Victoria’s Department of Health and Human Services has issued a hepatitis A alert to diners who ate at Melbourne’s Cumulus between February 26 and March 19 this year. The department confirmed a case of the viral liver illness in one of the CBD restaurant’s food handlers, who was working while infectious during that period.
“Any person who ate food – especially uncooked food – at Cumulus Inc. between February 26 and March 19, 2018 may be at risk of hepatitis A infection and should attend their GP for a free hepatitis A vaccine,” the department said in an alert on its website.
The department also advised those diners to “look out for the symptoms of hepatitis A between 15 to 50 days after the exposure”.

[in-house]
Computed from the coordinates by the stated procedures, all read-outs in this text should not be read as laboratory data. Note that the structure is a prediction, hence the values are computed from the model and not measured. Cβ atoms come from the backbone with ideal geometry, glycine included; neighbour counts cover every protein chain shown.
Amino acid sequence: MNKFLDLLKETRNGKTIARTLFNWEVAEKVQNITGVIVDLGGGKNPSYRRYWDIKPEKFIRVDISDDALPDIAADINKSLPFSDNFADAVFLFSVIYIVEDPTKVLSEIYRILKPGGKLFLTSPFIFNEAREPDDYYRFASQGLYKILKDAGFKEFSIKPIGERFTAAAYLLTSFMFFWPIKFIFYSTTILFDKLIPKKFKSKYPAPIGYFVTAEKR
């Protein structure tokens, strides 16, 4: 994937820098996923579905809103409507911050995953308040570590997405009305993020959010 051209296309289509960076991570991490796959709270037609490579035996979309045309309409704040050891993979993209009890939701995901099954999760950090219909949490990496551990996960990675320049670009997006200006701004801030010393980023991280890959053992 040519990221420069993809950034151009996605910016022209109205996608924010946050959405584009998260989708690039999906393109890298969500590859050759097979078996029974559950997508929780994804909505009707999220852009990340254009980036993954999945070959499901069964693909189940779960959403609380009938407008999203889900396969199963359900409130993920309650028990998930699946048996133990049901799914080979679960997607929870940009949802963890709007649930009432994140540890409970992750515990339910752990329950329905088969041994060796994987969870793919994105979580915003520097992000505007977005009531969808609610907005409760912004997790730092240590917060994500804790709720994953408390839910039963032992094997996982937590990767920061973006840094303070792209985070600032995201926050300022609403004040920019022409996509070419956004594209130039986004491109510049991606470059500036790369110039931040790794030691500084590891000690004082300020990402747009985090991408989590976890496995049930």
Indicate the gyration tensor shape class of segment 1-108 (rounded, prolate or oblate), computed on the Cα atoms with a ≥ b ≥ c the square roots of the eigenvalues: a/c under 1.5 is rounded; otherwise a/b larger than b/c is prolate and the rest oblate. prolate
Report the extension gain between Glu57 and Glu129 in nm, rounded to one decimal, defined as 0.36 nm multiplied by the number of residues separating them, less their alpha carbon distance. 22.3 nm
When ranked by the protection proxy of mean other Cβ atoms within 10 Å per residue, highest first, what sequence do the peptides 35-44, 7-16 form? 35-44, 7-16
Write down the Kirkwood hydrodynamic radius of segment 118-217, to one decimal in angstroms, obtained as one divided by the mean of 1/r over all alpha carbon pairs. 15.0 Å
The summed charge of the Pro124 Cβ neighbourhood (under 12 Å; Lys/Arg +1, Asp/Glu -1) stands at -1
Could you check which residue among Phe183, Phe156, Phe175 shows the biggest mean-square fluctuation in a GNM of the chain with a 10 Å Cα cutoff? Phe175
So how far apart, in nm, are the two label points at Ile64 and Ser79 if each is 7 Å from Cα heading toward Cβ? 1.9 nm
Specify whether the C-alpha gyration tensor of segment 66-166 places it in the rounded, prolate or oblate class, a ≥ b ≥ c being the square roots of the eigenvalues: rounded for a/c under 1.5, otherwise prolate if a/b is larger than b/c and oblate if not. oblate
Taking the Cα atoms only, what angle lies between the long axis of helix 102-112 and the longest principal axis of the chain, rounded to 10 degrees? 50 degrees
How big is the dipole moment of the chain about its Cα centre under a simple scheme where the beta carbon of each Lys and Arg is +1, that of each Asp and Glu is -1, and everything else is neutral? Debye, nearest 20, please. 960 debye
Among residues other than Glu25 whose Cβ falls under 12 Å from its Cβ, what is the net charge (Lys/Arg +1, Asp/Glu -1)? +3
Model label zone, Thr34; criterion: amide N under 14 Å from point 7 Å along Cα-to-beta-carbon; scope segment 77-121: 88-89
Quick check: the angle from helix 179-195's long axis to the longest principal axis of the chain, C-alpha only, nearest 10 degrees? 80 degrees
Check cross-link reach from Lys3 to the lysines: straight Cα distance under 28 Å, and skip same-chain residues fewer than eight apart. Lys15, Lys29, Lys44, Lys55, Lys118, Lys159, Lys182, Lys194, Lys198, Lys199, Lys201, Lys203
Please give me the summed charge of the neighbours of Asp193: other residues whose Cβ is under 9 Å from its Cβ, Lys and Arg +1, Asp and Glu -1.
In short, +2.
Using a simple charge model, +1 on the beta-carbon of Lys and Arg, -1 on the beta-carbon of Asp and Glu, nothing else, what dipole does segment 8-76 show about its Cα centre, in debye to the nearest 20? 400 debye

The Flinders Lane restaurant remains open with “the full support of Victorian Government authorities,” Cumulus said in a statement. “It is an isolated incident at this stage.
“There is no ongoing risk to diners.”
An environmental health officer for the City of Melbourne confirmed the restaurant’s “processes and hygiene systems … are robust after completing a comprehensive review,” Cumulus said. “We have been working closely with relevant government authorities and are confident in the exacting standards and protocols taken.”
Hepatitis A is a viral infection of the liver, bringing on a loss of appetite, nausea, fever and stomach cramps, followed days later by dark urine, pale stools and jaundiced skin. It is usually transmitted via contaminated hands, objects, water or food.
The Cumulus staff member showed symptoms of illness on Friday March 16 and was immediately sent home. When he returned to work on Monday, he was again sent home, with hospital authorities later confirming he had contracted the infection. He is expected to make a full recovery.
For more information, visit the Health Victoria website.